September 12,2006

Opening Statement of U.S. Senator Max Baucus (D-Mont.) Breaking the Methamphetamine Supply Chain: Law Enforcement Challenges

Opening Statement of U.S. Senator Max Baucus (D-Mont.)
Breaking the Methamphetamine Supply Chain: Law Enforcement Challenges
Hearing before the Senate Finance Committee

Thank you, Mr. Chairman, for calling this hearing.

Meth is a personal fight for me. I’ve seen firsthand how it can ruin lives. I’ve seen what it does to young people. I’ve gone to high schools in Montana and talked with kids about meth.

More than four out of ten Montana teens report that meth is easy to get. That’s second only to marijuana.

And Montana police officers tell me that meth is their number one law enforcement problem.

The National Association of Counties found that methamphetamine is the number one illegal drug problem for nearly half of the counties in the United States.

Nationwide, nearly four in ten local law enforcement agencies have identified meth as the drug that poses the greatest threat to their area.

In April, the Finance Committee held a hearing on the effects of meth on the child welfare system and how it is hurting kids and parents alike.

And in July, the Senate passed the Improving Outcomes for Children Affected by Meth Act of 2006, which includes provisions to enhance the safety of children affected by meth abuse and addiction.

We reauthorized the Promoting Safe and Stable Families Program, which is the largest source of child welfare funding dedicated to services for children and families, and targets an available $40 million dollar increase in mandatory funding for meth-related services that include family treatment.

We are working to help protect children and families from the dangers of meth abuse. Today, we will focus on a new angle: how to break the meth supply chain through law enforcement.

We’re working on the problem. We now have improved law enforcement techniques and measures to monitor the chemicals that are used to make meth. The Combat Meth Act of 2005, which I am proud to have co-sponsored, was a major step forward in preventing diversion of medicines containing pseudoephedrine, an ingredient found in many over-the-counter common cold and allergy medicines, into meth.

The Combat Meth Act requires that medicines containing pseudoephedrine be relocated behind the counter on or after September 30, 2006, and establishes a pharmacy logbook registry for purchasers of these cold products. Putting the meth precursor chemicals “behind the counter” is meant to disrupt supply.

In Montana, we placed these medicines behind the counter by passing a similar law in July 2005. The Yellowstone County Task Force told me that this is a step in the right direction. Because now it is very difficult for the small, ‘mom and pop’ meth producers to obtain the chemicals that can be used to produce meth.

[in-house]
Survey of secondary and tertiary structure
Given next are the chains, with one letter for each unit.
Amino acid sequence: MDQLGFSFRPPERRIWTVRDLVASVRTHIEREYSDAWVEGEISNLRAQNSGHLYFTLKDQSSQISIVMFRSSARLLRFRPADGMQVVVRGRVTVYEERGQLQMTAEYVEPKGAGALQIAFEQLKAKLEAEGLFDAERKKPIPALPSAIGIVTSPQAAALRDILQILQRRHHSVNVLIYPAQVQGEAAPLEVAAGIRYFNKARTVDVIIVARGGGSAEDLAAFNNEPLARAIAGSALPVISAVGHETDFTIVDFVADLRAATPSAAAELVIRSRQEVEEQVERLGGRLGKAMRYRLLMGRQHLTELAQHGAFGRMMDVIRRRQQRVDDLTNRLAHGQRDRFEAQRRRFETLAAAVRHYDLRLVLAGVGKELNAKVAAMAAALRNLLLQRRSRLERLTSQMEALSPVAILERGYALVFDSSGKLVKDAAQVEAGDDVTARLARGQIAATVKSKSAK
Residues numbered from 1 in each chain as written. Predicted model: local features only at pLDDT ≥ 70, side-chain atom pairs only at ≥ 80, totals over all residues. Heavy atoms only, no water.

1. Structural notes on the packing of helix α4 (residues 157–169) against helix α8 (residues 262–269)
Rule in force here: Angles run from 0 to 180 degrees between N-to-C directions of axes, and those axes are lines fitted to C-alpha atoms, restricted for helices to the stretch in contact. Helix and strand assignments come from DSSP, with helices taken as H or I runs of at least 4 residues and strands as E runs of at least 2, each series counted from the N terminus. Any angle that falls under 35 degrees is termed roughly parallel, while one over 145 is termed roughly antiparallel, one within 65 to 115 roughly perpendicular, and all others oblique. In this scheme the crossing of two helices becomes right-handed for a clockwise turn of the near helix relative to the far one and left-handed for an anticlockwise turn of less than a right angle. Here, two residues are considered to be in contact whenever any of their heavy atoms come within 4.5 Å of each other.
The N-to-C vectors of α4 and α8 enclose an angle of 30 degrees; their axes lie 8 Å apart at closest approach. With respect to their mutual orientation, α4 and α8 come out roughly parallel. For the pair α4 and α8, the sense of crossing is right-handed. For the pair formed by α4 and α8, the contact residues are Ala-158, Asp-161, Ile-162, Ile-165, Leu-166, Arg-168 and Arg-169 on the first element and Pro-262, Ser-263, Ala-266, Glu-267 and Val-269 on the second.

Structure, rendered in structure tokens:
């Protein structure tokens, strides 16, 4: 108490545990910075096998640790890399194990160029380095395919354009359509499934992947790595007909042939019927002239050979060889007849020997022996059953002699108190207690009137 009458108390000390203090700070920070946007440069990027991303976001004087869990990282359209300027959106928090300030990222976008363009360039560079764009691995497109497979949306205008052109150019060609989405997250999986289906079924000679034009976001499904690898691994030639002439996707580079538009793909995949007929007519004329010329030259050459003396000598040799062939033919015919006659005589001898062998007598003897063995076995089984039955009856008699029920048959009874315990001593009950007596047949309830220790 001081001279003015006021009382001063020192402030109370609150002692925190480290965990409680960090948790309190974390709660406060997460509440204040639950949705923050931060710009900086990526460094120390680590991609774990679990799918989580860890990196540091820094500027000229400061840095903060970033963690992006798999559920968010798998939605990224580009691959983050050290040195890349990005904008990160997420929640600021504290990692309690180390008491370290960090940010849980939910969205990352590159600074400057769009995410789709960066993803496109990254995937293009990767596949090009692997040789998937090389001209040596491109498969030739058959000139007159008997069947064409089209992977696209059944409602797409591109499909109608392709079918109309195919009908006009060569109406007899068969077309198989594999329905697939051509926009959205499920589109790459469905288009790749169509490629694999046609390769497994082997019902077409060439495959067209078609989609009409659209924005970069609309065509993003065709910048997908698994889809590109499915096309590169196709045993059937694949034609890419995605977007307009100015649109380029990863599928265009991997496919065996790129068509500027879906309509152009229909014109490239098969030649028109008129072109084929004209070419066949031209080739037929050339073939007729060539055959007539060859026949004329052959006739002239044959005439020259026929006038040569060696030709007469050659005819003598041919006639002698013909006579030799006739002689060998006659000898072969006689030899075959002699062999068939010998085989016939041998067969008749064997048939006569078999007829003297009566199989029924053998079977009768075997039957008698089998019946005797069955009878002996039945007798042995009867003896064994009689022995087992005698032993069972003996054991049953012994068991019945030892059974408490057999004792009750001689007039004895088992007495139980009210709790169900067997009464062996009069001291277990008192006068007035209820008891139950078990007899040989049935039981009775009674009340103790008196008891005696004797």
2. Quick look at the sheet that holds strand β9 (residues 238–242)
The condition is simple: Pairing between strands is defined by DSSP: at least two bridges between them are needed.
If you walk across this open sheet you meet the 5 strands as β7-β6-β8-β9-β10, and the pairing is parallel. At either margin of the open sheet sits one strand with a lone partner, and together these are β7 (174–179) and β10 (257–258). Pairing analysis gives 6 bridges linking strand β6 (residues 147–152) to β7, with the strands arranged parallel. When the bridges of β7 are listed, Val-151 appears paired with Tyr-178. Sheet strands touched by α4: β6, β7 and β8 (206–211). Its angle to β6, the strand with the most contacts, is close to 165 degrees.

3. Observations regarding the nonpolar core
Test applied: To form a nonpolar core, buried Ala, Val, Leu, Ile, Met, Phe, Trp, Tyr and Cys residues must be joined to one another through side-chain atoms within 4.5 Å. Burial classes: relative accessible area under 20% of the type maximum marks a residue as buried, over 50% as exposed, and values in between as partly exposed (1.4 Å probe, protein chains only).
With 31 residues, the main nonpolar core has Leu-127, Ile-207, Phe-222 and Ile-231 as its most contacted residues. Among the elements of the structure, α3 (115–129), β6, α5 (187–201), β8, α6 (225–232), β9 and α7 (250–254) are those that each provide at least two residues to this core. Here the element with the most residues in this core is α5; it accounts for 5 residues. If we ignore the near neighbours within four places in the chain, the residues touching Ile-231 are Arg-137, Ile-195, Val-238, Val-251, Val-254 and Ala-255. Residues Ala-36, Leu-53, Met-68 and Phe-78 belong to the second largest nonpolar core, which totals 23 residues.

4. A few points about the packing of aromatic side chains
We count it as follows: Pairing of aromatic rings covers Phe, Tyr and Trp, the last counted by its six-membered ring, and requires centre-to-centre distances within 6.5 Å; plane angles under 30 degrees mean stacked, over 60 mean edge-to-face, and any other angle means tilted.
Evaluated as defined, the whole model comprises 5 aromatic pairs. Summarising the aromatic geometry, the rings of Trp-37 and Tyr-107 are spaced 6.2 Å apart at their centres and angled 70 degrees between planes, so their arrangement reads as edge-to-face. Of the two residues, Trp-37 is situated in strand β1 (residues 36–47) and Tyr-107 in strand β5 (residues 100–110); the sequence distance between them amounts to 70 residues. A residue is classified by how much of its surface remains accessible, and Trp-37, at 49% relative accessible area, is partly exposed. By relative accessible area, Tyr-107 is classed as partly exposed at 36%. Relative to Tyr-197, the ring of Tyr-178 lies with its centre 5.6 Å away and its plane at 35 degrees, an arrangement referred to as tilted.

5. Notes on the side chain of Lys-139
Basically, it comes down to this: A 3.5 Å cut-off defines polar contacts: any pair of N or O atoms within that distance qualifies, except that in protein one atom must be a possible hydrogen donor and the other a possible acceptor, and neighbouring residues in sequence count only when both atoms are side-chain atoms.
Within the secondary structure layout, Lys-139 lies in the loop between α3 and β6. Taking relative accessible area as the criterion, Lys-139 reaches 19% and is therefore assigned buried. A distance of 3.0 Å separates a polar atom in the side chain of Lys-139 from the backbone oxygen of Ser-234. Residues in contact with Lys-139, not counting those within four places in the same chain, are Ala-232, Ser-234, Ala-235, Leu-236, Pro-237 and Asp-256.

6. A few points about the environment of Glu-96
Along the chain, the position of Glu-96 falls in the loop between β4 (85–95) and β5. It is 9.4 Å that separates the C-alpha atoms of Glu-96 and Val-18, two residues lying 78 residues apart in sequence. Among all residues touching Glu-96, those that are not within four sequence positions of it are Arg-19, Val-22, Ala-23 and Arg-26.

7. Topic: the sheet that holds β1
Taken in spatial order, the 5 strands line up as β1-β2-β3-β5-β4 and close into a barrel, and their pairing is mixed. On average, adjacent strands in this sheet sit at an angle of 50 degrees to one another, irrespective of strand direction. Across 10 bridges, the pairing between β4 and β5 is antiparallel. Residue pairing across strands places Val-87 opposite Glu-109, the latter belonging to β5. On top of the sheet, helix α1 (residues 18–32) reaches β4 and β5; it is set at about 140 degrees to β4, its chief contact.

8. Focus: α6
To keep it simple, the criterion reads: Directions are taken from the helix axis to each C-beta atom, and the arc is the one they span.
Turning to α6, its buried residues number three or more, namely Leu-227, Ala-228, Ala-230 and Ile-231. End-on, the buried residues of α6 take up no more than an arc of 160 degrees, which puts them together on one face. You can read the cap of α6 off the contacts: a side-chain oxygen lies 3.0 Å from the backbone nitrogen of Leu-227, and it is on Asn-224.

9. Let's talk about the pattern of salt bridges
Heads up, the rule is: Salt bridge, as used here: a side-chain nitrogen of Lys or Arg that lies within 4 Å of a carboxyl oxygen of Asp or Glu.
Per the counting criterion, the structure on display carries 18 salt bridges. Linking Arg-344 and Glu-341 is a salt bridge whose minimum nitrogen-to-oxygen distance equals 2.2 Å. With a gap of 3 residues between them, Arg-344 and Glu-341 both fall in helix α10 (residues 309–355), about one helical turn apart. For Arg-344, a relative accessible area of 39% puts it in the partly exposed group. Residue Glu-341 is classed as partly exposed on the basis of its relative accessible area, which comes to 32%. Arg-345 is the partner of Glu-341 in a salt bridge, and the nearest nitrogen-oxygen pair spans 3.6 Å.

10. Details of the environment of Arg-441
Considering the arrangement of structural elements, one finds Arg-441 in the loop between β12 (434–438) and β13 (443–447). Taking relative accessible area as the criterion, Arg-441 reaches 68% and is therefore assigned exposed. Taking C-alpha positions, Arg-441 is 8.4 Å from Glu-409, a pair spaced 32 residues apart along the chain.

And as a result, meth production in Montana and elsewhere — by both small and large-scale laboratories — appears to be decreasing.

Even though meth production for both small and large-scale laboratories is decreasing in the United States, production of meth in Mexico, largely in “superlabs” controlled by drug trafficking organizations, has picked up.

The biggest “link” in the meth supply chain is at the southwest border. It is now estimated that 80 percent of meth consumed in the United States originates in Mexico and is smuggled into the country.

What Benjamin Franklin once said is true of meth as well: “An ounce of prevention is worth a pound of cure.” In order to make our prevention efforts more effective, we need to know where to put our resources to break the meth supply chain.

Today we will hear from Lt. Dan Springer, Commander of the Missouri River Drug Task Force, headquartered in Bozeman, Montana.

I am proud of the work that the Task Force is doing. The investigations in Bozeman are critical to stem the tide of national and international drug organizations that are preying on Montanans.

And the Missouri River Task Force and other task forces around the country need the dollars to fight meth — to locate and clean up meth labs and put criminals making and dealing meth behind bars where they belong.

I am eager to hear from Lt. Springer about the changing meth “hot spots” and the challenges that law enforcement officers now face as a result of the shift in meth production.

Carl Venne, the Crow Tribal Chairman and an Advisory Council Member of the Montana Meth Project, will also be testifying here today. Meth abuse is particularly devastating on the reservations, which are experiencing an increase in drug trafficking. I look forward to hearing Chairman Venne’s perspective on Tribal efforts and strategies to combat meth, as well as meth law enforcement resources for reservations.

Education, prevention and treatment are vital in the fight against this growing threat to the welfare of our kids. Our law enforcement officers are stepping up to meet this challenge. And I am working to help them in their efforts.

I look forward to the testimony of our witnesses. We must do everything that we can to support our law enforcement officers. We must break the meth supply chain. We must do so the health and safety of Montanans and all Americans. And we must do so for our children.